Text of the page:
In places such as Arizona, where utilities and the solar industry bicker over pricing and metering policies, everyone suffers. In Los Angeles, where the same policies are embraced, everyone wins as increasingly larger projects come online.
The need to modernize the nation’s outdated electrical infrastructure has become something of an axiom in the age of renewables. Recognizing that need, the U.S. Department of Energy (DOE) has offered an incentive.
Route 66, has connected Santa Monica, Calif. and Chicago, Ill., since 1926 and, for a long time, was a major pathway for those travelling across the United States. With the creation of the interstate highway system, the road's popularity plummeted, and today, it is largely used as a scenic route.
When it comes to harnessing the power of the sun, there’s a lot more to it than just throwing down a towel and catching some rays. Ask J.M. Electrical Co. Inc. The Lynnfield, Mass., contractor with 140 electricians just completed an installation that was anything but typical.
Like the desert in summer, the solar power controversy in Arizona continues to sizzle. The drama involving Arizona Public Service (APS), net metering and solar power has been well documented. Now, a new storyline has emerged.
Nevada’s Public Utility Commission has made it increasingly difficult for the state’s solar-power market, pushing out at least three solar companies. In January, the commission voted unanimously against requests to delay the implementation of controversial changes to metering rates.
Innovative programs in the energy sector need all the help they can get. Vested interests, such as utilities and power providers, have a profit motive for maintaining the status quo. Sometimes, government is the only hope. Other times, it stands in the way.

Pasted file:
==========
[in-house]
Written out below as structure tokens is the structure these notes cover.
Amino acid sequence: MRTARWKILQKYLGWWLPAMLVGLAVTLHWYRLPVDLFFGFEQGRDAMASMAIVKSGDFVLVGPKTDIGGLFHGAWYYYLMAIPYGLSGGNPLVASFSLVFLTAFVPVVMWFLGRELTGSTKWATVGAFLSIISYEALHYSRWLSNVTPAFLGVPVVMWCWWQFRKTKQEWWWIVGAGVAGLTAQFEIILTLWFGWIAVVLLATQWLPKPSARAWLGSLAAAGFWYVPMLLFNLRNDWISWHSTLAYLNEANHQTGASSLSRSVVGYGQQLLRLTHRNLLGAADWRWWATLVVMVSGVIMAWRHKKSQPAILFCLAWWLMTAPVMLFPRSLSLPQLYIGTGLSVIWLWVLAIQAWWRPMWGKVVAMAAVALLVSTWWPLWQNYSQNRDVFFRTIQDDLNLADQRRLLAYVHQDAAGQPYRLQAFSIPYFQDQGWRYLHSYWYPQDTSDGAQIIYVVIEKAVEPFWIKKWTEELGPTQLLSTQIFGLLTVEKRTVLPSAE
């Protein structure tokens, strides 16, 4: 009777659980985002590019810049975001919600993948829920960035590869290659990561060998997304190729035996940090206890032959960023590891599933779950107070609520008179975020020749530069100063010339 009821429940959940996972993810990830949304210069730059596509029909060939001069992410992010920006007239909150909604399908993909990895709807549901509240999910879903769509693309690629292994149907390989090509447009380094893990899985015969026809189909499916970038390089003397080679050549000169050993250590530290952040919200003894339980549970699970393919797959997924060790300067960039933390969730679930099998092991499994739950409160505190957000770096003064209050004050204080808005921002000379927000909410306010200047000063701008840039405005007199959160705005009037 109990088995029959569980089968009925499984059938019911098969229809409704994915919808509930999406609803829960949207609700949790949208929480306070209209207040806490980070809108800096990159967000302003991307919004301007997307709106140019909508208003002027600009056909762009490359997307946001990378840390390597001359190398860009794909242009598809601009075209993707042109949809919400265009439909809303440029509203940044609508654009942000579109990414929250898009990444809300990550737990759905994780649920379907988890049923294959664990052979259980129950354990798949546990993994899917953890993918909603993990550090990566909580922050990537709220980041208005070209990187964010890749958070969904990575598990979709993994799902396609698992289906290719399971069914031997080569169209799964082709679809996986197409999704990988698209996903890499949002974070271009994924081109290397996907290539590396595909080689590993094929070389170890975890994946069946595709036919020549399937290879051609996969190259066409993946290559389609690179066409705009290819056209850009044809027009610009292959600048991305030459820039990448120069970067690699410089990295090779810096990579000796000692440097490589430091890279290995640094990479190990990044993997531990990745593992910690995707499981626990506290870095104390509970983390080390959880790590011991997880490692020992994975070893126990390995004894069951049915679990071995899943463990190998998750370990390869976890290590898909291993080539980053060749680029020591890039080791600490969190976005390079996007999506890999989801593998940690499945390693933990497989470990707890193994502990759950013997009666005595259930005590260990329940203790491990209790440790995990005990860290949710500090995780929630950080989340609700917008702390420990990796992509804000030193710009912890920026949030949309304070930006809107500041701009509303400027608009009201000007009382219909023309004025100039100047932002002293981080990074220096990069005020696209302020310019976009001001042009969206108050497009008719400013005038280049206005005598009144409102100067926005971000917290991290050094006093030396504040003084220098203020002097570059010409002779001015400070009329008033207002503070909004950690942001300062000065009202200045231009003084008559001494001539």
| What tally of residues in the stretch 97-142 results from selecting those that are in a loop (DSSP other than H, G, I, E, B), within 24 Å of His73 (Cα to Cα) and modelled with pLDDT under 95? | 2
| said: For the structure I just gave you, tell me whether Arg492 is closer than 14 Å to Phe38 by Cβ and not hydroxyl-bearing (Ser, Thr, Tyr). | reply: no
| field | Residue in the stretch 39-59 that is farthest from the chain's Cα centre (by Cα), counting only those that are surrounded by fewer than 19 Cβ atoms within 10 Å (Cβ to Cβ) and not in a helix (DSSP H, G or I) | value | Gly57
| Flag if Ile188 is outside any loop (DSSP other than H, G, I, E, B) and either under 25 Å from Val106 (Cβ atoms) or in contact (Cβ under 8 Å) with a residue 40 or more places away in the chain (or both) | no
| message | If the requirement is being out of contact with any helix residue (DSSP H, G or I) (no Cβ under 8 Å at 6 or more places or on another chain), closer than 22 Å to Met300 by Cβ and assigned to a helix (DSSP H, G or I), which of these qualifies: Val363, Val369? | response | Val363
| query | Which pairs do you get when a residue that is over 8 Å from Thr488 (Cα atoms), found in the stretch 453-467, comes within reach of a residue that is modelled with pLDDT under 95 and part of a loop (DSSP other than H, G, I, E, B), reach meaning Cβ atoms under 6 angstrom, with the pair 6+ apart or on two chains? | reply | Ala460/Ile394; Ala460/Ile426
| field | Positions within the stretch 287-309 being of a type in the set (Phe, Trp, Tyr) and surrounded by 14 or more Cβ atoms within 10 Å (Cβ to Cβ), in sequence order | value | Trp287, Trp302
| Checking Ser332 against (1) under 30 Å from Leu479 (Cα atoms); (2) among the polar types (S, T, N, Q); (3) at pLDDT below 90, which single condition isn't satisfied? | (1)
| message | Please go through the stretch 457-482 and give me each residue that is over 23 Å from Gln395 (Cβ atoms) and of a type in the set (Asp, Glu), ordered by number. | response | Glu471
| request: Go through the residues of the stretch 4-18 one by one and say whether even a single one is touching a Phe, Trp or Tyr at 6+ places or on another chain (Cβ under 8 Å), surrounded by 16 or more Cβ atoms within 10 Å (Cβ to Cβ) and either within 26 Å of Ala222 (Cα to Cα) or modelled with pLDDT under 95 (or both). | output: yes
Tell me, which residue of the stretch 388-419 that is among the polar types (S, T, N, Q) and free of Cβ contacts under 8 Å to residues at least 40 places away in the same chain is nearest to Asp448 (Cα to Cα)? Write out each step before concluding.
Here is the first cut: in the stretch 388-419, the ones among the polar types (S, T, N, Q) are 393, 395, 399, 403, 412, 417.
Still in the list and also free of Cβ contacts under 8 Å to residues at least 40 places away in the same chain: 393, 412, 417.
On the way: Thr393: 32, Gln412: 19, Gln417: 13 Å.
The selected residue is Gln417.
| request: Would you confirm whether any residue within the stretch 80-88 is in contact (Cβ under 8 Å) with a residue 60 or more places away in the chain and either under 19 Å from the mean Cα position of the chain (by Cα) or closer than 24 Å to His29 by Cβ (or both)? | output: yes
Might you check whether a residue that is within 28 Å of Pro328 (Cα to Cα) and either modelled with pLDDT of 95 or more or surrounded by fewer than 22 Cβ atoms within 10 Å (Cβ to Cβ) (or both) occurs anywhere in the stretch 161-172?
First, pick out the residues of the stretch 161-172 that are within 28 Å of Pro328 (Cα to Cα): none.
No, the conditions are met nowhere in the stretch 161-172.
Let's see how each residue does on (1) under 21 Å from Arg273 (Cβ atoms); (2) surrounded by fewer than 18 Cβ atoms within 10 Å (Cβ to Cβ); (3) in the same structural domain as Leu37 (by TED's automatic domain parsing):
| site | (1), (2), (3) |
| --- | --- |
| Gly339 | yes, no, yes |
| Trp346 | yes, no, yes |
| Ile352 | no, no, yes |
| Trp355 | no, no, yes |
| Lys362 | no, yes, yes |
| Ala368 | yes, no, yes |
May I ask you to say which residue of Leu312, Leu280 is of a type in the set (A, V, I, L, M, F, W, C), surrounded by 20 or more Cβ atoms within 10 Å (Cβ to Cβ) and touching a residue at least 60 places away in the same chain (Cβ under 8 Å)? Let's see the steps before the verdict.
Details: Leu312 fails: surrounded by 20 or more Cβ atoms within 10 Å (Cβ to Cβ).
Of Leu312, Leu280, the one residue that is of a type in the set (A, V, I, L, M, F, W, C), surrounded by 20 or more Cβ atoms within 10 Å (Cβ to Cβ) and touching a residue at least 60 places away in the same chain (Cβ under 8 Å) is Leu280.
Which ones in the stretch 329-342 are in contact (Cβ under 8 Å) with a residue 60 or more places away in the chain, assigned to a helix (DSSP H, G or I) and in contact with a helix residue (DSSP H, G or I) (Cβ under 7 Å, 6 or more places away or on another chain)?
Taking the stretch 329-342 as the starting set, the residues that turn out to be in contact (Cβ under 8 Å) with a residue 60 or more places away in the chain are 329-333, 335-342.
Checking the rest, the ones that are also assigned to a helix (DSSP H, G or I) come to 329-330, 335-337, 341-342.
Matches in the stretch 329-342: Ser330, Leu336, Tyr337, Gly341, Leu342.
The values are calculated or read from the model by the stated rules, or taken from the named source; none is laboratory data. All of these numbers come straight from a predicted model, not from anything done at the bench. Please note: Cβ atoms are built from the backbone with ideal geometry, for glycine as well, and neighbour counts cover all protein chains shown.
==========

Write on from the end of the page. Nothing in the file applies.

As controversies continue over the growth of residential solar-power installations and the various policies that support them, one state is standing by its program. In doing so, it has set an example for how to strike a balance between the needs of customers and utilities.
In the fight against climate change, wind and solar power have always held the greatest promise. Despite their ability to offer clean and plentiful electricity, the high cost of installation and the variable nature of their generation have always been a challenge.
The state of Nevada’s rapidly growing residential solar-power industry ground to a halt in January 2016, as public utility commissioners approved a new rate structure that effectively erases state-level incentives for rooftop-solar installations.
Last year proved to be busy in Washington, D.C. Our country witnessed one of the most productive legislative years on record. Let me put this in perspective—more laws were enacted in 2015 than in the first year of any two-year congressional term since 2009.
The evolution of renewable-energy technologies is full of surprises. No industry appears untouched, and new possibilities emerge all the time. For example, the confluence of solar power, storage and electric vehicles is revolutionizing the dynamic of energy consumption and transportation.